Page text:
Wednesday, November 11, 2020

Sans the Neon Light

“Cuz I heard you didn’t like the neon lights so we turned it off for you”… of course Chef May was joking when she said that at my recent visit to Happy Paradise, reopened at its original site a couple of weeks ago after a “brief” hiatus. Well it’s been a while since I last visited – no, not just because of the lights – but glad to see the place is back to business with a full house on a Monday night, sans the funky lighting and loud music that was almost like a signature at this restaurant at the fringe of Soho but I am not so much a fan of. It’s much toned down, but still kept its cool, I reckon. 

Décor aside, nothing much has changed in terms of style – Chef May wanted this place to be different than her other venture Little Bao, so those little buns that made her famous were nowhere to be seen, but instead, there’s an array of unique dishes with bold use of different spices, seasonings and ingredients, with much inspiration drawn from this part of the world. Same with its drinks menu with a selection of cocktails and wines – among them my favorite was the chrysanthemum margarita served in a highball glass (and sans the salt rim) with a more balanced flavor of tequila, Cointreau and a hint of chrysanthemum aroma. 

We left it to the chef to sort out the food menu for us, and she promised us a mix of dishes some from the new a la carte menu and some off. First to arrive was the raw scallop “aquachile” – done like a ceviche with a slightly acidic dressing with white soy sauce, ginger oil and a touch of green Szechuan peppercorns, giving it a sense of numbness as after-taste. Burrata tomato was another dish that I like – traditional combination of creamy burrata and tomatoes, this time baby tomatoes one-third the size of conventional cherry tomatoes, and dressed with Chinese black vinegar, grated sand ginger and shiso. Could live with the vinegar dressing slightly more intense in flavor, but I like the overall taste with a bit of everything within one bite.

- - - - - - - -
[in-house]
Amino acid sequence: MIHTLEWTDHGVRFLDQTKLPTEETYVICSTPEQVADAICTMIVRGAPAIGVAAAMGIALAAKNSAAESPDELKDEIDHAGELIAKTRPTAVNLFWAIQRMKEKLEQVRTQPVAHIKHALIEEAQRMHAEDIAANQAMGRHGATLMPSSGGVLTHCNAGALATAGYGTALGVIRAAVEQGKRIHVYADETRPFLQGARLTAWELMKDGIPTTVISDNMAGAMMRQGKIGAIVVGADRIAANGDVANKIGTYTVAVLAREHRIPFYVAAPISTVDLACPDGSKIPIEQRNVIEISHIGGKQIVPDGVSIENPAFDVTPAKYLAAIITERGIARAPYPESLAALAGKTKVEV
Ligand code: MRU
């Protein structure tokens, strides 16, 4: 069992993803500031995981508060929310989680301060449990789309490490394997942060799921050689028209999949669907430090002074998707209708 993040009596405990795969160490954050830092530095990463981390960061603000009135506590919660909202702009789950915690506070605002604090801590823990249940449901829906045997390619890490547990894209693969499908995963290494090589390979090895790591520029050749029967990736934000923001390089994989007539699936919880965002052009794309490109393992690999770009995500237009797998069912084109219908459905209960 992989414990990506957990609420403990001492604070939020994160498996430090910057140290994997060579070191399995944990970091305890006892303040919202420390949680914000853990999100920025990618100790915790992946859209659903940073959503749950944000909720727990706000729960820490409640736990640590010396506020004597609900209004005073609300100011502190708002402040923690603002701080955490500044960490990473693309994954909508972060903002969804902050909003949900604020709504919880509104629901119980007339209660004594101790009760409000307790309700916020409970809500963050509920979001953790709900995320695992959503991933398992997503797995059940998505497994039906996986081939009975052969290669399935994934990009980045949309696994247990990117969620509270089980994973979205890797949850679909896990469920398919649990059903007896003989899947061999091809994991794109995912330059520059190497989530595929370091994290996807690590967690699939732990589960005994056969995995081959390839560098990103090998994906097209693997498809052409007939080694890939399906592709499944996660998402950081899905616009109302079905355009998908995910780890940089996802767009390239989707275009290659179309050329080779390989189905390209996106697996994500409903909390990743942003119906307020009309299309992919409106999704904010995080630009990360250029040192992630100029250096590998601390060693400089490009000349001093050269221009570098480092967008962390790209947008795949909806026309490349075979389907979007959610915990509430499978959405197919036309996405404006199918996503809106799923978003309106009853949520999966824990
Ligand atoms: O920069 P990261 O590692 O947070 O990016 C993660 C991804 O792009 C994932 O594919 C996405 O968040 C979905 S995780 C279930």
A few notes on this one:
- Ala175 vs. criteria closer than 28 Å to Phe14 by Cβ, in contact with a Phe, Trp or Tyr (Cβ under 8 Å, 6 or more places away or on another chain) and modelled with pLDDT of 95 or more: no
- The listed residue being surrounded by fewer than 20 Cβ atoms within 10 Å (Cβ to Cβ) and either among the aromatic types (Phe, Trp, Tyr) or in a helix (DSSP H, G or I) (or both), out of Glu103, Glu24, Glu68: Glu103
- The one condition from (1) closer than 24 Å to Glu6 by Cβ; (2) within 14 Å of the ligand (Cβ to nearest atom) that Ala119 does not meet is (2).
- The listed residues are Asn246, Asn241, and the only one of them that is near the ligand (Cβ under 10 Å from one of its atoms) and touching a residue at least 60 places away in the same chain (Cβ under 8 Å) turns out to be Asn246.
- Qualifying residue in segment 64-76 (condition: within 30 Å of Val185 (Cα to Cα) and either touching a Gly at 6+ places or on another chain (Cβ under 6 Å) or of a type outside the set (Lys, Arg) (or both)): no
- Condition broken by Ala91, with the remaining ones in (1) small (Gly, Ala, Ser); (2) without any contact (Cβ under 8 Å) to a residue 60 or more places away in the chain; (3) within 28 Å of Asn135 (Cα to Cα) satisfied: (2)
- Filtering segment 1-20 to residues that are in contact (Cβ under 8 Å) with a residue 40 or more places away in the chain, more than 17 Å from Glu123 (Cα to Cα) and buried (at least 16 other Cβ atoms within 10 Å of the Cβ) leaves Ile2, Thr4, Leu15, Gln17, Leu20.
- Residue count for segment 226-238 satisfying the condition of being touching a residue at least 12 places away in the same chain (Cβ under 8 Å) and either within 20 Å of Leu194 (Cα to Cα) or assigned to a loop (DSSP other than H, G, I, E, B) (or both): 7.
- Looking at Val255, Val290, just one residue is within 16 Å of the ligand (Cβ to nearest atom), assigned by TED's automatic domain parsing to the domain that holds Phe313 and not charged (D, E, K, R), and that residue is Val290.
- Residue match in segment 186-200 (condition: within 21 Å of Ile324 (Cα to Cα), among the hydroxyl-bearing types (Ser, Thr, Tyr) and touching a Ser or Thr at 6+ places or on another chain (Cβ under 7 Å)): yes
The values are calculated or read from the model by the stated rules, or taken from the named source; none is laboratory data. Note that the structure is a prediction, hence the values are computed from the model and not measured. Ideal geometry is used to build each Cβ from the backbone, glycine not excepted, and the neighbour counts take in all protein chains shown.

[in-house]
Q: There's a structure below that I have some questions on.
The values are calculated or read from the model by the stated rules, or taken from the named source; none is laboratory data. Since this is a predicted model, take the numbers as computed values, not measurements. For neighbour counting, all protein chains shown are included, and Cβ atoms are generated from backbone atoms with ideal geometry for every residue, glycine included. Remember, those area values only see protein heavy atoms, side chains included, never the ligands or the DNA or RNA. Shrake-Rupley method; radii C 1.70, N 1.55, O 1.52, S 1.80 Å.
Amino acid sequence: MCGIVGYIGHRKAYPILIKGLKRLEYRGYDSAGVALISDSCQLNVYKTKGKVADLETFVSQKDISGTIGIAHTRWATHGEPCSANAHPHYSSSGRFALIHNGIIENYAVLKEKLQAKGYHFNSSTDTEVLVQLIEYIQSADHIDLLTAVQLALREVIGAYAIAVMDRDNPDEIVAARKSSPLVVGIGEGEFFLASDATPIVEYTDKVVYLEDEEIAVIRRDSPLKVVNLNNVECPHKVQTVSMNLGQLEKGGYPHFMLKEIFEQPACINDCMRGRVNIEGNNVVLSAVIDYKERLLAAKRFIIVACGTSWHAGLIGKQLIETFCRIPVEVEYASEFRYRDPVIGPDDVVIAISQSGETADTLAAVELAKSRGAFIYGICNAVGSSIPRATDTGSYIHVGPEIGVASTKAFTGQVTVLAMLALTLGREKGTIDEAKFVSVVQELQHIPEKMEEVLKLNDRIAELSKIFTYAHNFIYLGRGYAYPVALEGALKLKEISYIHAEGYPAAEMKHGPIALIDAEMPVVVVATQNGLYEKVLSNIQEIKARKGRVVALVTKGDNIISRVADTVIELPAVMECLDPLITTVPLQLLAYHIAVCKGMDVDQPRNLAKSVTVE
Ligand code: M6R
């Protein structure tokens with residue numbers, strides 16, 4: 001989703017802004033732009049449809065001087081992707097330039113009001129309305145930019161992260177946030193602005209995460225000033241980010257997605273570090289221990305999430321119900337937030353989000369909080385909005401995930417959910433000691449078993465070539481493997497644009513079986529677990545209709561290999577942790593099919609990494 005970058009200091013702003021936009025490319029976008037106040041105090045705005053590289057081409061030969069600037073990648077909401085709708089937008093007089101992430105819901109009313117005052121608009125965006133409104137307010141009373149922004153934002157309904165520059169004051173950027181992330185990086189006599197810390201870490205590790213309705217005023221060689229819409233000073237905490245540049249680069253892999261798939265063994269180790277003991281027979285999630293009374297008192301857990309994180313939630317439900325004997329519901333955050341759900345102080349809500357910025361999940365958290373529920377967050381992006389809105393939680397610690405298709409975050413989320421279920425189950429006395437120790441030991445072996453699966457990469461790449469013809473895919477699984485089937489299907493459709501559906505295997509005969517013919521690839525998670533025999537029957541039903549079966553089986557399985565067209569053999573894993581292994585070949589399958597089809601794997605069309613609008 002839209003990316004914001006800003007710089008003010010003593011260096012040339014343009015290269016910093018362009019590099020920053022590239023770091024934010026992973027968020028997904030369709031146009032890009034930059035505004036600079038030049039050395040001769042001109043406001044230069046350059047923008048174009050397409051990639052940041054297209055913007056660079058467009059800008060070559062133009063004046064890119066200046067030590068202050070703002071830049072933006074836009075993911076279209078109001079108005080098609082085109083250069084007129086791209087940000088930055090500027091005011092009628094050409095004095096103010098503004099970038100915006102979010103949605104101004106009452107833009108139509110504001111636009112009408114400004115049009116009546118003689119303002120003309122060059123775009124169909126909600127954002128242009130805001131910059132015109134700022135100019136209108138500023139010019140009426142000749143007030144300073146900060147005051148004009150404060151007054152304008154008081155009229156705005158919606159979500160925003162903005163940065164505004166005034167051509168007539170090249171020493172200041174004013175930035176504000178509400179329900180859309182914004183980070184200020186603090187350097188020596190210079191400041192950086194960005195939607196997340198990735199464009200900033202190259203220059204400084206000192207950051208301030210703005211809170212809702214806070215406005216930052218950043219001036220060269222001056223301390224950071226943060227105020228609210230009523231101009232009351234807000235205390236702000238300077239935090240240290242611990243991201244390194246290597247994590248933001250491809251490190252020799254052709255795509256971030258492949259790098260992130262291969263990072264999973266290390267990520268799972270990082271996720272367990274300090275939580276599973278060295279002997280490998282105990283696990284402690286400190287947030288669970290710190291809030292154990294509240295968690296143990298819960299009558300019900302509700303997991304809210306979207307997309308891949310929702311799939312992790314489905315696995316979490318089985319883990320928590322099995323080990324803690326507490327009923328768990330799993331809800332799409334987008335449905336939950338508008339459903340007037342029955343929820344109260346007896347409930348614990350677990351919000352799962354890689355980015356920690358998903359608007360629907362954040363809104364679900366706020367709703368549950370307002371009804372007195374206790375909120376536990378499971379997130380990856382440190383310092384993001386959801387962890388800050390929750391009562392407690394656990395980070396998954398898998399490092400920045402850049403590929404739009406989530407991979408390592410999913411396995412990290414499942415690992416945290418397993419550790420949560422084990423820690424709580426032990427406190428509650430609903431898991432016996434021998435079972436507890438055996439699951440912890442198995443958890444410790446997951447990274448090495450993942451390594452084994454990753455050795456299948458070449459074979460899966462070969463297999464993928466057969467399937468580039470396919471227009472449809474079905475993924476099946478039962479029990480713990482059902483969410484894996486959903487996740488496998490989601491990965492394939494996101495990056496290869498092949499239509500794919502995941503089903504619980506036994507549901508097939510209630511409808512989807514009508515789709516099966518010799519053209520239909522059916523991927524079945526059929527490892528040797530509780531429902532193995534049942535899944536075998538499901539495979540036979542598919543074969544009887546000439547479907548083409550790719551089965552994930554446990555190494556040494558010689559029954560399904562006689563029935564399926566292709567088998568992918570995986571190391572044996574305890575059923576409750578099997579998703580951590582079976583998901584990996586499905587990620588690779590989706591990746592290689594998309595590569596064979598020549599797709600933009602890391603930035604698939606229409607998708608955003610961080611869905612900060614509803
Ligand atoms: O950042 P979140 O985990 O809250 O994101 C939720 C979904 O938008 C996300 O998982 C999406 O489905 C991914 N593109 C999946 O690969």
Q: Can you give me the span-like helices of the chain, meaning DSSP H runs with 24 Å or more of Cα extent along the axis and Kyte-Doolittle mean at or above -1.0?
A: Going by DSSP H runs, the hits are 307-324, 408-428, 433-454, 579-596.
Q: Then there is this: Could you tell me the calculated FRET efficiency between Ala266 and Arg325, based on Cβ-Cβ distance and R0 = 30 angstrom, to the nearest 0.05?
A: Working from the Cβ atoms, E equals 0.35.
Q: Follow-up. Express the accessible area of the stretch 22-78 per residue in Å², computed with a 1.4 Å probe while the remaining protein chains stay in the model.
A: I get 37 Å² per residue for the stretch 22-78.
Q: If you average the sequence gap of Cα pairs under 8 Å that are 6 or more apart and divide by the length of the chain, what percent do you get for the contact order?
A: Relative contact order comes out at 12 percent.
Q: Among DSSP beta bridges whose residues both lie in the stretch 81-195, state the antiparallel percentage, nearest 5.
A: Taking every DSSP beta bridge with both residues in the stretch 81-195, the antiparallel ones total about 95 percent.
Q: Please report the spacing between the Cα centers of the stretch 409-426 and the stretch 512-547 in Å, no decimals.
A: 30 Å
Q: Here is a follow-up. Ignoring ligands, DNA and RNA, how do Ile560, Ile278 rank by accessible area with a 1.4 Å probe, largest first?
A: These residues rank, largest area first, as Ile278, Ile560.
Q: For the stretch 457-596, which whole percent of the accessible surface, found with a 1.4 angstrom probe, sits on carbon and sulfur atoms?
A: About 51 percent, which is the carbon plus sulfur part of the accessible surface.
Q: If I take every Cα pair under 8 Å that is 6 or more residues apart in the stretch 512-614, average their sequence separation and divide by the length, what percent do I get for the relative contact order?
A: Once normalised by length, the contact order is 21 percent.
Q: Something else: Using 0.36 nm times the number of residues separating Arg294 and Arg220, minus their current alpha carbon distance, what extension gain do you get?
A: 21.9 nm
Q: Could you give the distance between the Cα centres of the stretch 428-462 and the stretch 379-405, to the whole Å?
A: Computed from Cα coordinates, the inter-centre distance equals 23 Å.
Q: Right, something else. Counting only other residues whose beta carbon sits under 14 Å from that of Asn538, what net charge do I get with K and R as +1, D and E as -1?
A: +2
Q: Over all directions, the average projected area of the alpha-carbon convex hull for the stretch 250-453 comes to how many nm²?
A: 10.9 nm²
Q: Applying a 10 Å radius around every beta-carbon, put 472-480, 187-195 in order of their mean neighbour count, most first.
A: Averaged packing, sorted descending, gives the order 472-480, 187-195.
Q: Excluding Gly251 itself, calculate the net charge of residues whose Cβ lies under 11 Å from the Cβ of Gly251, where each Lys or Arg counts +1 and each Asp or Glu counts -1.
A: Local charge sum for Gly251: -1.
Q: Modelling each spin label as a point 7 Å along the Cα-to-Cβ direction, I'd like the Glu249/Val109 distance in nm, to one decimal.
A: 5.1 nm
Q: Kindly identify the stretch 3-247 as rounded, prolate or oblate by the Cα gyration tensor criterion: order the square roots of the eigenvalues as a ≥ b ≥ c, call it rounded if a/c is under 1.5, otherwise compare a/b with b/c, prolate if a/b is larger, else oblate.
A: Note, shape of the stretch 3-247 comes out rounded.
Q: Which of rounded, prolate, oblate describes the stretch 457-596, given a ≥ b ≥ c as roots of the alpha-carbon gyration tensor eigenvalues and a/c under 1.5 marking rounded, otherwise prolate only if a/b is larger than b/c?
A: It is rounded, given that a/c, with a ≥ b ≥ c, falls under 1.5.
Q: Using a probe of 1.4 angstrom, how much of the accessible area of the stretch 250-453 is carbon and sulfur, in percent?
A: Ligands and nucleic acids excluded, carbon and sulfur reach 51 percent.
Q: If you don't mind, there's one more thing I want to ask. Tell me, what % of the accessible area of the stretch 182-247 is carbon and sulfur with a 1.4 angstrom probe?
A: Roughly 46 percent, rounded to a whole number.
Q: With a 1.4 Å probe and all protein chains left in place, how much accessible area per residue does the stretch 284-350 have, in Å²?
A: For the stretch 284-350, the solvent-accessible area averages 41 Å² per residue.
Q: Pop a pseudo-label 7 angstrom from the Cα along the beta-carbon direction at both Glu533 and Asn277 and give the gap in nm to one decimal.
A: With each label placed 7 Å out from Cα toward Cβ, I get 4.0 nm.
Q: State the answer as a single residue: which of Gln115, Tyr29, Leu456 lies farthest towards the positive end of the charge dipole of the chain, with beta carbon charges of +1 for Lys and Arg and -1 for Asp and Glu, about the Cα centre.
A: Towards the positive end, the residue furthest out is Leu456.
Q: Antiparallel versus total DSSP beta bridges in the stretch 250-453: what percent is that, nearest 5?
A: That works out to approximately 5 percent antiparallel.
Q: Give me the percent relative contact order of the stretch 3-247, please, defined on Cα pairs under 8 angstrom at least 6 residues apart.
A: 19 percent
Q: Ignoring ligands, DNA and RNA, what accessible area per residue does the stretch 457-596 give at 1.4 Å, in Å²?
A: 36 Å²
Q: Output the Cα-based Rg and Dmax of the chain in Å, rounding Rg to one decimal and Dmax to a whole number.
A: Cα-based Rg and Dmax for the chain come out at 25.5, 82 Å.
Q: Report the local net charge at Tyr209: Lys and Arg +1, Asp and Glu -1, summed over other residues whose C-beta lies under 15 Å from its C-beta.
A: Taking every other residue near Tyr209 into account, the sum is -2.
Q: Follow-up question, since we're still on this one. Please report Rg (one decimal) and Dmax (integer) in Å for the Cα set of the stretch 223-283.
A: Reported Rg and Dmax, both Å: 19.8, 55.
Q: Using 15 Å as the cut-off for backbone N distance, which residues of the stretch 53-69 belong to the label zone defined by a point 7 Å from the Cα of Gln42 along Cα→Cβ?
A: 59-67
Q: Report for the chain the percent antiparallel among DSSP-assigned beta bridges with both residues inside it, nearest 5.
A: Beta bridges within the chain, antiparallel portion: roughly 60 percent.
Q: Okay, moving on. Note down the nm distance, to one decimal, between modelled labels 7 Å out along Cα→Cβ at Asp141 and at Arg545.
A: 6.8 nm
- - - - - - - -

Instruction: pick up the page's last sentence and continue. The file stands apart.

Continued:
The cauliflower dish was another surprise – a vegan dish done almost like kung-pao style with the crispy and caramelized battered crust with rich flavor, perfect as bar snacks. Wrapping up our snack-size course was the pot-stickers with pulled beef short rib served with a Turkish Urfa chilli dressing. The sauce seems to be a tad bit too strong but worked perfectly well with the dumplings pan-fried with a crispy bottom. 

The chicken and waffle main course was amazing – the chicken, the Chinese Longgang breed, was juicy on the inside and nice and crisp outside. That’s what we called a textbook example of a perfect fried chicken right there. Underneath was the freshly made egg waffle, prepared local style (aka gai daan jai) but with a twist of chicken broth mixed into the sourdough batter to give us a double dose of chicken flavor. Serving on the side was the bottarga whip and salmon roes – didn’t get much of the bottarga flavor but the dipping sauce was creamy and delicious with the salmon roes mixed in. 

The poached yellow wine chicken was again perfectly done – tender and juicy with the flavor well-infused, and it was served in a deep dish with shiitake broth and fried rice. I like the rice cooked extra crisp, like being deep-fried briefly to make them pop, and the shitake broth and chrysanthemum butter were both nice addition with rich flavor. The skirt steak noodles was her take of the classic Cantonese Beef Fried Flat Noodles with Gravy, but made using wagyu steak, super wide flat rice noodles and garnished with crispy seaweed for some texture and umami flavor. Dessert was an interesting one too – a twist to the traditional apple pie with one made with Japanese mochi (sticky rice dumpling) with apple puree filling, battered and deep-fried. 

Now this is definitely a place I could see myself coming back for something casual but a bit different from the crowd. 

When? November 9 2020
Where? Happy Paradise, UG/F, 52-56 Staunton St, Central
Menu Highlights? Chicken and Waffle

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